Business Property Relief (BPR) is an attractive tax relief for taxpayers with business interests, offering either 50% or 100% relief from Inheritance Tax (IHT) on the value of their business assets if certain conditions are met. The relief can even be used whilst the donor is still alive, and the estate can still get BPR on qualifying assets.
An interest in a business or a company will not qualify for BPR if the business carried on by the entity consists wholly or mainly of making or holding investments. This fact drives HMRC’s view that furnished holiday lets will in general not qualify for business property relief and it is rare that a successful claim for BPR can be made for these types of assets, but it is a grey area.
However, HMRC’s own guidance can prove instructive. HMRC accepts that ‘there may however be cases where the level of additional services provided is so high that the activity can be considered as non-investment, and each case needs to be treated on its own facts’.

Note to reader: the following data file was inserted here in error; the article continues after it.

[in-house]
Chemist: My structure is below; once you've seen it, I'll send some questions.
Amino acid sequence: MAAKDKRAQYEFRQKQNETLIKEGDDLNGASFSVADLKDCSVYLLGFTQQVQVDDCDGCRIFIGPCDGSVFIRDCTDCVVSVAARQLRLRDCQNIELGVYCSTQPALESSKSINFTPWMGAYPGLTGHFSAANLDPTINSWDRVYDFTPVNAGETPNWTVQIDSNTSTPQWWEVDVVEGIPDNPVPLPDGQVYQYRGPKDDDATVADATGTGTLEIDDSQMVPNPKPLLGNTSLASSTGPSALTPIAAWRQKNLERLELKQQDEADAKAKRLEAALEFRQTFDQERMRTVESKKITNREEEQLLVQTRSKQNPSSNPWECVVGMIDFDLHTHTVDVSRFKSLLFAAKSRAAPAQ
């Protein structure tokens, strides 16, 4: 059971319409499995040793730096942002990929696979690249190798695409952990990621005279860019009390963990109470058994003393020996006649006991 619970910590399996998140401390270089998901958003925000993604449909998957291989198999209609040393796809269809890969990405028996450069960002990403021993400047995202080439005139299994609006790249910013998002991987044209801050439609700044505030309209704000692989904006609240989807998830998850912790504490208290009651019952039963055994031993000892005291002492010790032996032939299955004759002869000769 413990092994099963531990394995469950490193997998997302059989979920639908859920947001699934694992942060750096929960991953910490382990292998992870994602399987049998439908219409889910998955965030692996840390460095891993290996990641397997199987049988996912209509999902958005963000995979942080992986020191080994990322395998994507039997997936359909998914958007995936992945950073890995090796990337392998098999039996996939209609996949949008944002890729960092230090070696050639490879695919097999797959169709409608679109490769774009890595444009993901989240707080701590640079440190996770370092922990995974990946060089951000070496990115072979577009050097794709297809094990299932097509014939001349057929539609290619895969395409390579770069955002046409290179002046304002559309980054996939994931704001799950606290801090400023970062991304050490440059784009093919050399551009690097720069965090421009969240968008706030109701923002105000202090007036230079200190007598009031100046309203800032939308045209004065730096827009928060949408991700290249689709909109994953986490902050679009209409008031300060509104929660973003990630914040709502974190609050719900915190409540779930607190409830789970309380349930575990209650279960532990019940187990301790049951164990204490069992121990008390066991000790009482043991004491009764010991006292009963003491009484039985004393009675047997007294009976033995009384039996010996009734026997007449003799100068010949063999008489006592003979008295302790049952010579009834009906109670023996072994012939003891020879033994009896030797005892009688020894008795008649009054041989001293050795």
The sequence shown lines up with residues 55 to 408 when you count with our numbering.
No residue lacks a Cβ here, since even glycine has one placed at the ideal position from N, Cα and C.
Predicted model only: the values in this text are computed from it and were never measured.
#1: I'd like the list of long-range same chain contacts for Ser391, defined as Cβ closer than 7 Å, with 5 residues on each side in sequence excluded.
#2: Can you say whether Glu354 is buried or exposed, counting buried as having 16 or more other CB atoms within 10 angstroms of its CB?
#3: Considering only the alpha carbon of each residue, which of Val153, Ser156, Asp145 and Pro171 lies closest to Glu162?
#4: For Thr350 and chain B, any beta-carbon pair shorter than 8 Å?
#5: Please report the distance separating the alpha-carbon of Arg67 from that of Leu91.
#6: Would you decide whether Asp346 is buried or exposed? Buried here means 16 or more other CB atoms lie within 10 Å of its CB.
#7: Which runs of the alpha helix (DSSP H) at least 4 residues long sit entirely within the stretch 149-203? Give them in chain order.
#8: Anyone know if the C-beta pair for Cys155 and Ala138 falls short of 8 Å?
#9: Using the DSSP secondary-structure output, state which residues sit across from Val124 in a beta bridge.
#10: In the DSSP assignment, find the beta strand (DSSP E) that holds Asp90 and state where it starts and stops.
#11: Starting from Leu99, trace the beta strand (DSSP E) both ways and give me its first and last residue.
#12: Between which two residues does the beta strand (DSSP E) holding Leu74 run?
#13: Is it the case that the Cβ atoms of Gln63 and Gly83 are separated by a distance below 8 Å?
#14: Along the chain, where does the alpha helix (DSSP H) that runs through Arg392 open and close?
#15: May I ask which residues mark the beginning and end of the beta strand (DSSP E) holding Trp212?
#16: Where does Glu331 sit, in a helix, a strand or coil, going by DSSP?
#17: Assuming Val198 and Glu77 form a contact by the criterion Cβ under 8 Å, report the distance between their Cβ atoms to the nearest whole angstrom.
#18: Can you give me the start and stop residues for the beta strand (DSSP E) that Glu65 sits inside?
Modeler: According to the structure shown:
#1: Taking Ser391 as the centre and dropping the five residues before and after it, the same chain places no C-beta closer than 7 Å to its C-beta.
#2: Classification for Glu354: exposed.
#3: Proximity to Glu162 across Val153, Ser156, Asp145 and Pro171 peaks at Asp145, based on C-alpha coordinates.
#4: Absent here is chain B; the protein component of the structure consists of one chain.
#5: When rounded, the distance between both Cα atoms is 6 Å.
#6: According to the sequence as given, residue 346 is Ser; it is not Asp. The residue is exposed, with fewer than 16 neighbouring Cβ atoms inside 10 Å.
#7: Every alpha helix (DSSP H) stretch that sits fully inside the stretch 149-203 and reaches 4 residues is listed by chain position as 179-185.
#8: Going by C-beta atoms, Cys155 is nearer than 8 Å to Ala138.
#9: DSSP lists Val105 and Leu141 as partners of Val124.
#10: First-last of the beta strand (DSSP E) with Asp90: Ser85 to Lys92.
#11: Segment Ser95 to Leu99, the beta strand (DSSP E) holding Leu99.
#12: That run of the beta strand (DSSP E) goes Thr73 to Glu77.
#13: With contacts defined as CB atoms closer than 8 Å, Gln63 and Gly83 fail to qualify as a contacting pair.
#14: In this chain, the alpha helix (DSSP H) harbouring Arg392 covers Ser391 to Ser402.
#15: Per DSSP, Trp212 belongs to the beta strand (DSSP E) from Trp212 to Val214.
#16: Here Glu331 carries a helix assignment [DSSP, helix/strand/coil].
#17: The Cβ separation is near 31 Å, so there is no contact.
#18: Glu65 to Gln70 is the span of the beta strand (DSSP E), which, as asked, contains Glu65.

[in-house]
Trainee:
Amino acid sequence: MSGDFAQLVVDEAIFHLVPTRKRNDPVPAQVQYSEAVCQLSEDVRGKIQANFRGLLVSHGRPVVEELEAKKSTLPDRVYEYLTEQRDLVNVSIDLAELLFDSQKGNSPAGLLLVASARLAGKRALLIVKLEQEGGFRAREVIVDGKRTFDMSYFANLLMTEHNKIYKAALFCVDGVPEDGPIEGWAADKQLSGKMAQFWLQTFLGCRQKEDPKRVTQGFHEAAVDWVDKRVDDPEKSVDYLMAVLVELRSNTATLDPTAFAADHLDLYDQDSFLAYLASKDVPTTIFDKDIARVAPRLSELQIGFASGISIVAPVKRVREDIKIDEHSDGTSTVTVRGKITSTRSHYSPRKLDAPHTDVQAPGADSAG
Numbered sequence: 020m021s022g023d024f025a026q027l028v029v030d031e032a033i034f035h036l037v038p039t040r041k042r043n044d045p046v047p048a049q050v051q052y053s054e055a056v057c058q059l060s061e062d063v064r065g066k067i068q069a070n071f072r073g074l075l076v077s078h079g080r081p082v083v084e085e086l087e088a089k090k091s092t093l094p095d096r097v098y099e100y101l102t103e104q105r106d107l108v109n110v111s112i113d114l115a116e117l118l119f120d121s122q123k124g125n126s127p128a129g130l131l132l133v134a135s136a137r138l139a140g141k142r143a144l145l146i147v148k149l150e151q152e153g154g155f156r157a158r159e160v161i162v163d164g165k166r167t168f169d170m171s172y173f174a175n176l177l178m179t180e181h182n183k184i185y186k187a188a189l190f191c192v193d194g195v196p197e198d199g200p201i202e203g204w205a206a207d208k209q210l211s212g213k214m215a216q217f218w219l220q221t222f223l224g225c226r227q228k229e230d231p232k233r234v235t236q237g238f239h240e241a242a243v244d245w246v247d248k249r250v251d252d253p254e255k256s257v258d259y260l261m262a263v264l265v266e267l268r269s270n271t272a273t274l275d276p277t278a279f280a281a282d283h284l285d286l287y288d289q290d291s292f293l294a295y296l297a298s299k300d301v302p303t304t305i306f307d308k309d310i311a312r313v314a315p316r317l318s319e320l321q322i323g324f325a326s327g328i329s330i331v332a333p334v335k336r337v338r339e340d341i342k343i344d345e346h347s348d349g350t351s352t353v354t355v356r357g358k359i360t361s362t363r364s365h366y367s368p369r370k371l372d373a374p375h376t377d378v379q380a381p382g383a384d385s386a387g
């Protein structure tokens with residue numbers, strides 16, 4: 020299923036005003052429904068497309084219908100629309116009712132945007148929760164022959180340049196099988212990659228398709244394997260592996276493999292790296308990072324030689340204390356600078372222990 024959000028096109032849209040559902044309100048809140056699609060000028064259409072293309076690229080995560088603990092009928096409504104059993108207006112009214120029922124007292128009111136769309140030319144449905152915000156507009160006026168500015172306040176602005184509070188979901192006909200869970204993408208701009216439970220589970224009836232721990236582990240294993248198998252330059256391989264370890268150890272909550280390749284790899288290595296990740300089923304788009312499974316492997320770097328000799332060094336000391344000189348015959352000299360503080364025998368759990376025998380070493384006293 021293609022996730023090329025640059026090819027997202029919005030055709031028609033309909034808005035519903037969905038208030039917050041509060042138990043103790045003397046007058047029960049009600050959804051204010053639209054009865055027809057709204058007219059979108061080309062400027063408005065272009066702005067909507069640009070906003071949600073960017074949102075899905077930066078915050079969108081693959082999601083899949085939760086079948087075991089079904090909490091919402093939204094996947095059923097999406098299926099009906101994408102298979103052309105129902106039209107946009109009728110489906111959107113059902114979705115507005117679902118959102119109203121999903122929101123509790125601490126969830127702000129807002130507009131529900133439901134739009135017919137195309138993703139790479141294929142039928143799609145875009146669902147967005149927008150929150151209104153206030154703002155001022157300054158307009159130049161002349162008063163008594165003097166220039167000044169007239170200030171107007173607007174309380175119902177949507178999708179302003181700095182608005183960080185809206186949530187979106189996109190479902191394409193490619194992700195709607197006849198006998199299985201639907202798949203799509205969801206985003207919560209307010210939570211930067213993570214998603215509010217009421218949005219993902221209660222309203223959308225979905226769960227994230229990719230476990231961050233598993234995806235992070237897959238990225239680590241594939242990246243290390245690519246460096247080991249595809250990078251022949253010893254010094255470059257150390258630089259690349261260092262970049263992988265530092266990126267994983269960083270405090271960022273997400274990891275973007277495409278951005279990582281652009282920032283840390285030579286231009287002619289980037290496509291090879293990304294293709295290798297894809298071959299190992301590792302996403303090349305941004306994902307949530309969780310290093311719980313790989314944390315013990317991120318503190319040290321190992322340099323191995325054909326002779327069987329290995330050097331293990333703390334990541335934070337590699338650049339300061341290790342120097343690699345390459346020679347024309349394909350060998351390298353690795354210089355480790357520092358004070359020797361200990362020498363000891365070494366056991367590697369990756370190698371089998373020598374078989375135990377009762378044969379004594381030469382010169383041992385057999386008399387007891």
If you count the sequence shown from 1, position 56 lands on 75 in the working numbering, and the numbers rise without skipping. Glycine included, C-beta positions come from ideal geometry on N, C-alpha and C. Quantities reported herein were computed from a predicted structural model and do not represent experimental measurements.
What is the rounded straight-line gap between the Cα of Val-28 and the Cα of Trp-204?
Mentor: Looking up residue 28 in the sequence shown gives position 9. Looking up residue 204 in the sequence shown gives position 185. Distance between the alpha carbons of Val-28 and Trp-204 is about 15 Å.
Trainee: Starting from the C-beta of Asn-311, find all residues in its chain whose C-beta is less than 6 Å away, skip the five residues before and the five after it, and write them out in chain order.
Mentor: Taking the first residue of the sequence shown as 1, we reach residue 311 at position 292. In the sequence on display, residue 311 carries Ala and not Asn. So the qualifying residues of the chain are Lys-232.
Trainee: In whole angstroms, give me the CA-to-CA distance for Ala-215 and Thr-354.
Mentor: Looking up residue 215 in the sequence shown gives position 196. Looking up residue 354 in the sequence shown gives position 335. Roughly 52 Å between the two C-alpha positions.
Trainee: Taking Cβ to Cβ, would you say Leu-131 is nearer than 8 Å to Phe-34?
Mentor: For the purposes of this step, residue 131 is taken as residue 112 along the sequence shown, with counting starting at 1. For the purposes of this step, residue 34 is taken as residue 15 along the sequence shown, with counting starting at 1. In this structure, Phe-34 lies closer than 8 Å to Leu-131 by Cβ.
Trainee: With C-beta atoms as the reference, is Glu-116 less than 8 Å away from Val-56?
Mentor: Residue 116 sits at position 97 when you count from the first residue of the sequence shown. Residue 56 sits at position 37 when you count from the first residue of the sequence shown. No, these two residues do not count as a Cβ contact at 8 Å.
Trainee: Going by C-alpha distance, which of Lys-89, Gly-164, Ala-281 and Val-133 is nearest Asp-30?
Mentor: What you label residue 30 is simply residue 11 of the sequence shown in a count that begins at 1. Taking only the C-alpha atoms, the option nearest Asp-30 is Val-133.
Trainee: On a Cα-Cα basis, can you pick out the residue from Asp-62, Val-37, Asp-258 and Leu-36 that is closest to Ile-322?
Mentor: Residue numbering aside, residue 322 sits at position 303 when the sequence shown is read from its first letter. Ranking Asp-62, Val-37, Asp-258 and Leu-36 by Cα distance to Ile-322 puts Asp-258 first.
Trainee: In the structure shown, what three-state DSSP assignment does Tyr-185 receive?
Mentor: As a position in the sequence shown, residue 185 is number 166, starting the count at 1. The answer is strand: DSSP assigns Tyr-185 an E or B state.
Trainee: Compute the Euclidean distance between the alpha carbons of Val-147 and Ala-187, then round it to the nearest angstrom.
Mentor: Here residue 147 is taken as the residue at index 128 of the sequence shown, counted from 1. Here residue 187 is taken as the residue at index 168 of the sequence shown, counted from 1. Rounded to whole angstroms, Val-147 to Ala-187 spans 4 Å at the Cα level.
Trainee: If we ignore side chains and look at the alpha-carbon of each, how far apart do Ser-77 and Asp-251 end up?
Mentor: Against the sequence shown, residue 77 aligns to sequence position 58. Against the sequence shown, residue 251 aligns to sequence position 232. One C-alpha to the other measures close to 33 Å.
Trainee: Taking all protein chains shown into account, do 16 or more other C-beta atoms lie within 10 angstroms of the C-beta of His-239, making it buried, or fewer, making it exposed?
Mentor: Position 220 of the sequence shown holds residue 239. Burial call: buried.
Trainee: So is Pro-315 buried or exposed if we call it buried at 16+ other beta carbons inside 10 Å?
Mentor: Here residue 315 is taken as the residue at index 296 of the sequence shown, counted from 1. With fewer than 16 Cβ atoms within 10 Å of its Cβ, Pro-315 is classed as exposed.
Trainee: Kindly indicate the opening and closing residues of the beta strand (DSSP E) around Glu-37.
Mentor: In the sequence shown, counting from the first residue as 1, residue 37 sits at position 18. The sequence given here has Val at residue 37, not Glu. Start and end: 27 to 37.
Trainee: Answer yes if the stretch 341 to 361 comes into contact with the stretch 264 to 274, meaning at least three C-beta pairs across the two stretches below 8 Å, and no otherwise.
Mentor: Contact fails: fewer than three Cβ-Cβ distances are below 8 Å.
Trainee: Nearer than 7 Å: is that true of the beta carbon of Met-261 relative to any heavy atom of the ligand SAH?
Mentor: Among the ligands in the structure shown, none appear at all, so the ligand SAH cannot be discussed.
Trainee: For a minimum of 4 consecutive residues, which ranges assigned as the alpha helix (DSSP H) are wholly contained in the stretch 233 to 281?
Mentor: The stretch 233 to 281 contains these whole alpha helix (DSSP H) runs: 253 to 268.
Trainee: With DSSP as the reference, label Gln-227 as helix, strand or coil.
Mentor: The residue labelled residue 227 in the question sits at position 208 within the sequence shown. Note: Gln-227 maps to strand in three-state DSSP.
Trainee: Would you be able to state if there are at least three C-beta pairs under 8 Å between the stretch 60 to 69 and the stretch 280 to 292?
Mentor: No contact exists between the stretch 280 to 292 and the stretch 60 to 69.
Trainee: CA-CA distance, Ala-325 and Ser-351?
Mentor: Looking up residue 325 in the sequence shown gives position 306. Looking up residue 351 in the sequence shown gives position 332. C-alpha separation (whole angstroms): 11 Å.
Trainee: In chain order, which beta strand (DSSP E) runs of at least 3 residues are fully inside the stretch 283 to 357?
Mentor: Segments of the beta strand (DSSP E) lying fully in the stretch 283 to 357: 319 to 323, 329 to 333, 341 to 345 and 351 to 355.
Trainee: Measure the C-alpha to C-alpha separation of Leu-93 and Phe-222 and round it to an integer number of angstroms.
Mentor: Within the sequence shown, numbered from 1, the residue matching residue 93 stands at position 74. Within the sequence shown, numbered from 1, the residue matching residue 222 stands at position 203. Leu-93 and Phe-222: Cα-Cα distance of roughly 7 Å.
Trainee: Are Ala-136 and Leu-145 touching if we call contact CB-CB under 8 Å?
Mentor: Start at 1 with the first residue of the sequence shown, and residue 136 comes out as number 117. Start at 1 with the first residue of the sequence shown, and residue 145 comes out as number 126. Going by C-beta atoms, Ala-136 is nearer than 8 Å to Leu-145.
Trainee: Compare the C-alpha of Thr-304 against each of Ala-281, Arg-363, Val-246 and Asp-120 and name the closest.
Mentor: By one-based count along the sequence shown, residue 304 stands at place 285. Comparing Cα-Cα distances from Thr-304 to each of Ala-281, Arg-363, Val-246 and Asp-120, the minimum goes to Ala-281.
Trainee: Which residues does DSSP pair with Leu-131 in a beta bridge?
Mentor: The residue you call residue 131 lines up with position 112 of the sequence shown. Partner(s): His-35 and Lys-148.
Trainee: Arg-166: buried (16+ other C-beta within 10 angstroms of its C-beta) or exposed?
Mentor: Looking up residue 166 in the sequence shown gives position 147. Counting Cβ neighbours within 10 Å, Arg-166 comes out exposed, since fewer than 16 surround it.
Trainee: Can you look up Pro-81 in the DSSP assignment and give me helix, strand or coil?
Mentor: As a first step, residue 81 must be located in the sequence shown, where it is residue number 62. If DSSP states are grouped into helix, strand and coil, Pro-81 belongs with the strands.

This specific area of HMRC’s guidance has been the subject of much case law. Where a taxpayer can prove that their holiday let business does far more than purely holding investments, such as providing additional services to holiday makers, there can be scope for claiming BPR.
HMRC is likely to reject such BPR claims in the first instance, and previous case law suggests that significant additional activities would need to be offered to move the nature of a holiday let from an investment to an active business.